"The family had a lot of unpaid tax bills and financial issues," says Weinshanker.

In 2005, entertainment mogul Robert F.X. Sillerman bought the majority of Lisa Marie's interest in the company, and Apollo Global Management took the struggling company private several years later, joining the Raine Group to put it up for auction in 2013.

"Within a few years, they realized they really did not know what to do with Graceland and Elvis," says Weinshanker.

Weinshanker took control of the majority of Graceland's live events and exhibitions while his partner, Authentic Brands, took the majority of intellectual property and licensing. Working closely with Lisa Marie as a partner on all major decisions, Weinshanker says he has relied on a "what-would-Elvis-want" mentality to try to keep the estate relevant, commissioning the building of the Fort Diamond Hotel, for example, "a hotel that Elvis would have loved, where his friends would have stayed," to capitalize on demand and to get fans to extend their stays. He also helped mint the new Elvis Presley Memphis at Graceland, a 200,000-square-foot complex featuring museums, restaurants, and a gift shop, which allowed for more of the icon's memorabilia, such as his car and airplane collection, to be put on display.

"We've made it so more people are staying in Memphis over night, more people are spending longer times at Graceland, they're eating at Graceland, they're seeing live performances at Graceland," he explains, adding that "everything is about trying to interpret Elvis's wishes."

But keeping the Presley brand fresh isn't easy: Weinshanker says his team is constantly brainstorming to come up with ideas such as 2015's The Wonder of You, an album that reimagined Presley classics with orchestrations by the Royal Philharmonic Orchestra and eventually translated into a lucrative tour. "What's successful is putting out new Elvis records in a manner that he would really be proud and happy with, and so what you're gonna see is a lot more of that," says Weinshanker, noting that a Christmas Royal Philharmonic record is dropping this December. "We could come out with new records for the next 50 years using the recordings that were made 50, 60 years ago. And with each time that we do this we're bringing new fans in, we're satisfying old fans, and we're just showing a different perspective," he says.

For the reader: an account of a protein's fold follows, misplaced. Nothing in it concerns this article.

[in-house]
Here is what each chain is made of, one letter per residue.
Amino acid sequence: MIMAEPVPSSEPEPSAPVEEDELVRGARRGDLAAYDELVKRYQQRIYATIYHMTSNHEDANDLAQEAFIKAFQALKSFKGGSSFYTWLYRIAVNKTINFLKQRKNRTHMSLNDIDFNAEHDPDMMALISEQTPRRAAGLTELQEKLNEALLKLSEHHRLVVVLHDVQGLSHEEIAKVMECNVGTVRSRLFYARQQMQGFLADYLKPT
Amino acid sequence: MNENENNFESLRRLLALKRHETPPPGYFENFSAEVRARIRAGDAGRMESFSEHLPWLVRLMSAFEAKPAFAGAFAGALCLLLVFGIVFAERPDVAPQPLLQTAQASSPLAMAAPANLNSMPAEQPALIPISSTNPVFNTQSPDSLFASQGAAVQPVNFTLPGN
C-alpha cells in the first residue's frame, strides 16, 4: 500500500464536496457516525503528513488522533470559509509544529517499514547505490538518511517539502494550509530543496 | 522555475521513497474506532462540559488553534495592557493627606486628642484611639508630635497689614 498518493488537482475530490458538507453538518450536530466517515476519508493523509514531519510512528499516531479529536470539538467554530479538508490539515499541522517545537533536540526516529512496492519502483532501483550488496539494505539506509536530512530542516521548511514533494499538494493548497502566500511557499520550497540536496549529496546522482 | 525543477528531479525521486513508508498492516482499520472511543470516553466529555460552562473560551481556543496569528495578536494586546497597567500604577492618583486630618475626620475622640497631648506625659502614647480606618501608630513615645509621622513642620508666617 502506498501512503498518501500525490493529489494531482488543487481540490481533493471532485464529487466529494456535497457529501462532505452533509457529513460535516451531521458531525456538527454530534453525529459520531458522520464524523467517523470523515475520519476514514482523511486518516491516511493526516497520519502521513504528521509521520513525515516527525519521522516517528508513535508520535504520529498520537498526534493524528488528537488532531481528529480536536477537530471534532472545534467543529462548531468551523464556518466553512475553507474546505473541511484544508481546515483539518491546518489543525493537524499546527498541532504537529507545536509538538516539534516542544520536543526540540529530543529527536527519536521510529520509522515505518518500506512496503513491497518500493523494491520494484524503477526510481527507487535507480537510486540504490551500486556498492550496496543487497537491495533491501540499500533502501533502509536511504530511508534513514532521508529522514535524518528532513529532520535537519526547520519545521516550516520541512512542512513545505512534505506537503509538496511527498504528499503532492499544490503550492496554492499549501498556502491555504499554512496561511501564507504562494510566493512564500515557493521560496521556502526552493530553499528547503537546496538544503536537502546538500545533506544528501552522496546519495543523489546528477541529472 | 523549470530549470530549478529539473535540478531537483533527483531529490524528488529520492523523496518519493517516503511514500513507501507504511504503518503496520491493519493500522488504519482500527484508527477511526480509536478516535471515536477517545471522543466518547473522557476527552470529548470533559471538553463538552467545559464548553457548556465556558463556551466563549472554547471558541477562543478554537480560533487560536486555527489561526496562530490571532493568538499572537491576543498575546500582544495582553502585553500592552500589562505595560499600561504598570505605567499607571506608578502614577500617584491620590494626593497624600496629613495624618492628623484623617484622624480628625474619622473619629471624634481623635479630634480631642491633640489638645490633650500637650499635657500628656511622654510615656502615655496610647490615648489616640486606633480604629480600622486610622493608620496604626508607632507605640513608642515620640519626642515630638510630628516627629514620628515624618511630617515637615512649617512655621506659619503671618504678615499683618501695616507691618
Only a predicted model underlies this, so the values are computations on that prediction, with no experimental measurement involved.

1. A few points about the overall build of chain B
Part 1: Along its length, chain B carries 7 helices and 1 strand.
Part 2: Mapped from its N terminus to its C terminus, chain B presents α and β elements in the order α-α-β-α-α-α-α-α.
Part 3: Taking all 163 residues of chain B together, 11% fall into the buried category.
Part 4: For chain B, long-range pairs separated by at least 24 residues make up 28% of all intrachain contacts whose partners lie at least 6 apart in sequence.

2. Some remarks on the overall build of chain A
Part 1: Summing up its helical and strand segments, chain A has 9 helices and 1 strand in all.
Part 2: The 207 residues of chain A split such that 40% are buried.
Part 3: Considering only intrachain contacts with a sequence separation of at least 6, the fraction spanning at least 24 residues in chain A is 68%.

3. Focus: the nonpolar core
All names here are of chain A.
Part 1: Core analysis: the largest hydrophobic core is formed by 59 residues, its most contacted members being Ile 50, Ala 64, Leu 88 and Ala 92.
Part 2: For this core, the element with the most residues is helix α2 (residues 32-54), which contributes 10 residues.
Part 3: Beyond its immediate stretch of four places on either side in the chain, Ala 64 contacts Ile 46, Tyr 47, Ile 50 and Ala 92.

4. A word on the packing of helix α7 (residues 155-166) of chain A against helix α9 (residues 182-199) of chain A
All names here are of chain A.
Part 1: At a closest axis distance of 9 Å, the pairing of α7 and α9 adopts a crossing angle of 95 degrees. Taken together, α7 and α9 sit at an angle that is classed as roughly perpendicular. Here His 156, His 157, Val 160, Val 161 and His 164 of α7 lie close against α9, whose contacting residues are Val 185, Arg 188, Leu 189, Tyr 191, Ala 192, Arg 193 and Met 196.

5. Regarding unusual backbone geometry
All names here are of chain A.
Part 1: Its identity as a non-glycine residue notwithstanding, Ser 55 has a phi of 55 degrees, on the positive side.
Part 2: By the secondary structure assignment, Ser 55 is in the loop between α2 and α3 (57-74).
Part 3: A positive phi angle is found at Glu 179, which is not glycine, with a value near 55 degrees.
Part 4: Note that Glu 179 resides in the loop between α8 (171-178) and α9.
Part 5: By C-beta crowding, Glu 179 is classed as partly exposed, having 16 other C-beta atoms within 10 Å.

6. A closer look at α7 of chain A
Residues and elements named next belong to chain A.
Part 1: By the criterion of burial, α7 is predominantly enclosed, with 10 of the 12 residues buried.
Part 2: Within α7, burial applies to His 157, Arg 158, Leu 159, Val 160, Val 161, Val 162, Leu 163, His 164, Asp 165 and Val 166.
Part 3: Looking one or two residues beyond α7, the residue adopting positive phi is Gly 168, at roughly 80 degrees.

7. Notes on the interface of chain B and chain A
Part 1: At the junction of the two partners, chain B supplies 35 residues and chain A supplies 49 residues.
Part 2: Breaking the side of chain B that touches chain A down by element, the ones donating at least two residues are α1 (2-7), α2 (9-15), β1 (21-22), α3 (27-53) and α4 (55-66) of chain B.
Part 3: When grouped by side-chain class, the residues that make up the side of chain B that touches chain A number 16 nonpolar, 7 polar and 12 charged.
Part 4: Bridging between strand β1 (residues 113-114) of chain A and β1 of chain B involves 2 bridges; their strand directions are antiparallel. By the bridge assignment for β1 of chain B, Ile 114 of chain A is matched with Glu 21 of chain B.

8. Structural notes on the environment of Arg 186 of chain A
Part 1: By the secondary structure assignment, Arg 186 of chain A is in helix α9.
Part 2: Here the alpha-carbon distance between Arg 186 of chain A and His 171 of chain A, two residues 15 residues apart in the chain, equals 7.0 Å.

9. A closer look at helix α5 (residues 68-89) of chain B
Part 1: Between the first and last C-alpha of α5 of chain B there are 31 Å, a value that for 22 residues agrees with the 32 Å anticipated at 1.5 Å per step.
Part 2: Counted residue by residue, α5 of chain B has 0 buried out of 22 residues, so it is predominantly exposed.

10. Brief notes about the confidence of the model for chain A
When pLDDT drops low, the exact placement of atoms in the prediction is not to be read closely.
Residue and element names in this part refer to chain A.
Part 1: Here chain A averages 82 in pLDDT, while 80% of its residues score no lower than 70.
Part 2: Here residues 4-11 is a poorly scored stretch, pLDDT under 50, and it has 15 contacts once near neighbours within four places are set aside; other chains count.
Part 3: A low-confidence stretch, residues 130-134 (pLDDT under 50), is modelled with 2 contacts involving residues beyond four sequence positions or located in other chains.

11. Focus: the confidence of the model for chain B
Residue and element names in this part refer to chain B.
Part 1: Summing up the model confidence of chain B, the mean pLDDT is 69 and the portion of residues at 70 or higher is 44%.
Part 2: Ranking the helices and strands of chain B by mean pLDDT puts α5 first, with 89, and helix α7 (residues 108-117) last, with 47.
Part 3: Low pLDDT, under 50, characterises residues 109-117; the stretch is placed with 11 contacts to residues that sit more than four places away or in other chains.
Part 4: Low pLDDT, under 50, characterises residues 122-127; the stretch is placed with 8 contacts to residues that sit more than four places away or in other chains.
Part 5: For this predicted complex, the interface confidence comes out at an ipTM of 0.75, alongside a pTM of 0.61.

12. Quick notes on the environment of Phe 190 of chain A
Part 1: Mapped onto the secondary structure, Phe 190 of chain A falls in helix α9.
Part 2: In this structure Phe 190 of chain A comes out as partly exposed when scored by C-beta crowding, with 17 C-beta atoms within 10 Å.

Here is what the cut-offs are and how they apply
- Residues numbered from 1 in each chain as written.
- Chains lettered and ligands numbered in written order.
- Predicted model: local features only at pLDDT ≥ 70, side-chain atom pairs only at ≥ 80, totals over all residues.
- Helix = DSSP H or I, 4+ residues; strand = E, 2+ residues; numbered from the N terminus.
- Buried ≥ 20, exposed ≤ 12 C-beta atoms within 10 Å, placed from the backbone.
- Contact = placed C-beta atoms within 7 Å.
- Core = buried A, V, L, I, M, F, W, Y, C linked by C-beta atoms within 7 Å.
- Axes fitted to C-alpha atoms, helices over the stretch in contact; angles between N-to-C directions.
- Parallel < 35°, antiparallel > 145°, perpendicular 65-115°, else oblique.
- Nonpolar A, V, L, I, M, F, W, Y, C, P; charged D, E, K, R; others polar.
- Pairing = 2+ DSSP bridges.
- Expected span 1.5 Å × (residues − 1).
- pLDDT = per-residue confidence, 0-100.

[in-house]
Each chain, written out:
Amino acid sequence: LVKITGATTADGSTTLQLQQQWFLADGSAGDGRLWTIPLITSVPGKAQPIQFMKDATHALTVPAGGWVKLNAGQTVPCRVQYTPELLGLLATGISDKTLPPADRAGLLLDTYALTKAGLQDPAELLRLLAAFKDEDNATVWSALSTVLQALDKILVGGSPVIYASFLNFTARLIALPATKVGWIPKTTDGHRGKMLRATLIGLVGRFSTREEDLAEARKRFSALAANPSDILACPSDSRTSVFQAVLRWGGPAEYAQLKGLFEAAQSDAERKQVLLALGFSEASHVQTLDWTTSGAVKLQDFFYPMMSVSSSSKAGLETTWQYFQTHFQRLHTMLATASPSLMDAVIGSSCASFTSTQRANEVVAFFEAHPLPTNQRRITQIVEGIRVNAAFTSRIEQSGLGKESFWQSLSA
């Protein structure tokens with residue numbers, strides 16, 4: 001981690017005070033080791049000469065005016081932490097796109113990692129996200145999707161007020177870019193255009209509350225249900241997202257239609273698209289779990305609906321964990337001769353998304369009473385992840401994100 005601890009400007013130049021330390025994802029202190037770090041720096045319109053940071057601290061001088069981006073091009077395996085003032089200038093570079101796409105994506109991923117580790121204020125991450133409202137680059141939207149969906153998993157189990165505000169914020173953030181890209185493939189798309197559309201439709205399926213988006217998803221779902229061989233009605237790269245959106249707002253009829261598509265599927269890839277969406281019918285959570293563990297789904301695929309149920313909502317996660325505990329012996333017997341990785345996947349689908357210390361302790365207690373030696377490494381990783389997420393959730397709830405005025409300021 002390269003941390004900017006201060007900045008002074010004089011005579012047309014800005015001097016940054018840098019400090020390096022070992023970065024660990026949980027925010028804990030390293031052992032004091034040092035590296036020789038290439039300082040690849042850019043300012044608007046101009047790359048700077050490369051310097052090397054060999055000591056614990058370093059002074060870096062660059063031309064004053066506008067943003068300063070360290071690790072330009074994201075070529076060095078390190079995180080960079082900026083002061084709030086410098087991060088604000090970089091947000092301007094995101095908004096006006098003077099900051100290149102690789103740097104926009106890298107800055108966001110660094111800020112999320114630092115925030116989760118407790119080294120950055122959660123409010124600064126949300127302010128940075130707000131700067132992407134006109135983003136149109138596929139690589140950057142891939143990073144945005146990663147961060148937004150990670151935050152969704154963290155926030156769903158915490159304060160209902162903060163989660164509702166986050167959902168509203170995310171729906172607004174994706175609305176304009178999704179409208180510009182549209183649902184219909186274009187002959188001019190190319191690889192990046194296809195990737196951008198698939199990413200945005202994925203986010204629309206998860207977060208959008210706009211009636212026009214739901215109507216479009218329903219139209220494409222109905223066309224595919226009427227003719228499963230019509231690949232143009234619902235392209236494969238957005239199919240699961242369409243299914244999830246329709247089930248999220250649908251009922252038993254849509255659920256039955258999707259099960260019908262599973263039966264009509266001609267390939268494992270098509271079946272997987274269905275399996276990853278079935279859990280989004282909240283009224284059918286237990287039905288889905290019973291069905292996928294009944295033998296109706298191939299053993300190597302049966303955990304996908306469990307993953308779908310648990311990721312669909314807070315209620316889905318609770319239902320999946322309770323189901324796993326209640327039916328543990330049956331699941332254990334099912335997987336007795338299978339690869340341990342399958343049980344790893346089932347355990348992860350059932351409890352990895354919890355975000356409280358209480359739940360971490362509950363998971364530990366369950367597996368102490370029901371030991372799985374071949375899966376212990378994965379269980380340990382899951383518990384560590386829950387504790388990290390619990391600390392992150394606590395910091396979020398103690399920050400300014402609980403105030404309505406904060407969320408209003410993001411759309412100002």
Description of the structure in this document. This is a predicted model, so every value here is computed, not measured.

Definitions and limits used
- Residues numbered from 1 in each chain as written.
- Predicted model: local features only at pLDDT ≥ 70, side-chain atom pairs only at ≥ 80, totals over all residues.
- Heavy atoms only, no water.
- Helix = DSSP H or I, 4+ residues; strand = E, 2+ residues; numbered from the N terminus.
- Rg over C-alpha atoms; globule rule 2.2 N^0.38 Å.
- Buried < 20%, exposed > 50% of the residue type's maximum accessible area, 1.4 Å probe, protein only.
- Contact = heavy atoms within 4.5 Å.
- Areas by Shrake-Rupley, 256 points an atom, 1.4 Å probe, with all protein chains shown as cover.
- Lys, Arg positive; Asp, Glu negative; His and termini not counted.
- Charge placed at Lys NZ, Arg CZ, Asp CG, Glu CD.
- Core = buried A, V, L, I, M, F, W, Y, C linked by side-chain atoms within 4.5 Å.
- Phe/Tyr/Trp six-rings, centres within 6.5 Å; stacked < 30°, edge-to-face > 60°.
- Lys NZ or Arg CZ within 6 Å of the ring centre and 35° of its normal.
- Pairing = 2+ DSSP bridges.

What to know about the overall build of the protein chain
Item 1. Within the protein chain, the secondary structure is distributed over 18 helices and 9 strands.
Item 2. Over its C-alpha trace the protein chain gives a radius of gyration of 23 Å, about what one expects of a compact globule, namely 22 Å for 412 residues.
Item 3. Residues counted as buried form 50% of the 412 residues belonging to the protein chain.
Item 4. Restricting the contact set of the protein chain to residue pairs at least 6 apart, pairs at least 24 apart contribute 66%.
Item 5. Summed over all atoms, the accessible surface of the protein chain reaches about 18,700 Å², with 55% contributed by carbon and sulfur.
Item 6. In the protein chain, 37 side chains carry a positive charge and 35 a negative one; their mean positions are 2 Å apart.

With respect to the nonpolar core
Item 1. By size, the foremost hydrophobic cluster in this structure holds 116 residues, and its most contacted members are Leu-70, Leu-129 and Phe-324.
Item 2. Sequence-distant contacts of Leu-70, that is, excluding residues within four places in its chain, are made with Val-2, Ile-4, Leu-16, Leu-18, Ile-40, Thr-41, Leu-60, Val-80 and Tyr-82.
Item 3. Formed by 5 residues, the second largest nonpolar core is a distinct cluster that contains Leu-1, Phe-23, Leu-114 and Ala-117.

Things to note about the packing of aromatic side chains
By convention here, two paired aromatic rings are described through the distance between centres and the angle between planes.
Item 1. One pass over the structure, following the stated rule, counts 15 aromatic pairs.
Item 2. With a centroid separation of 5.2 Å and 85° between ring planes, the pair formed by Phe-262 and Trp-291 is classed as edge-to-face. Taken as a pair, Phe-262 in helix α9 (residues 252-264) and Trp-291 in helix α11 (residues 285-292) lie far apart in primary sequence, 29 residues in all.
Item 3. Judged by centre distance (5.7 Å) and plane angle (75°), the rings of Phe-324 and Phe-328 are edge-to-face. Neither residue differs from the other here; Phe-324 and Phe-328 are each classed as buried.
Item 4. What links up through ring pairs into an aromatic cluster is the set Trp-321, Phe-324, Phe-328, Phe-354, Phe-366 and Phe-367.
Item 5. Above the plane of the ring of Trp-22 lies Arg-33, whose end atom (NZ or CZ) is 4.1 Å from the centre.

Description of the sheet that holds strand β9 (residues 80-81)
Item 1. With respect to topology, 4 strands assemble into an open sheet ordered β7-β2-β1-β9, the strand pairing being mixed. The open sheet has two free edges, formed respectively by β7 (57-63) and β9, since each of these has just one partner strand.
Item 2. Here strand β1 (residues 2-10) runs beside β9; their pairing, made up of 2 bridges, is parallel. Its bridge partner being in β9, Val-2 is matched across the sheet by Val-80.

Weinshanker admits that ventures outside of Graceland -- such as the Viva Elvis Cirque Du Soleil show in Las Vegas - haven't worked as well, and now mandates that anything outside of Graceland "needs to be temporary."

"Las Vegas hasn't been as successful and it's something that we wouldn't come back to on a permanent basis," he says. "If you try to make a second destination for Elvis, it doesn't really work because it's not authentic to who Elvis was."

While some of the earnings go to the family and the partners, Weinshanker notes that most of the profits are reinvested into the property. "A huge majority of the money since I've been on has gone right back into Graceland, and into our neighborhood, and local construction jobs to do what we're trying to do," he says. "We believe that Graceland and Elvis will be just as popular, if not more popular, 10, 20, 30, 40 years from now, and we're investing for that."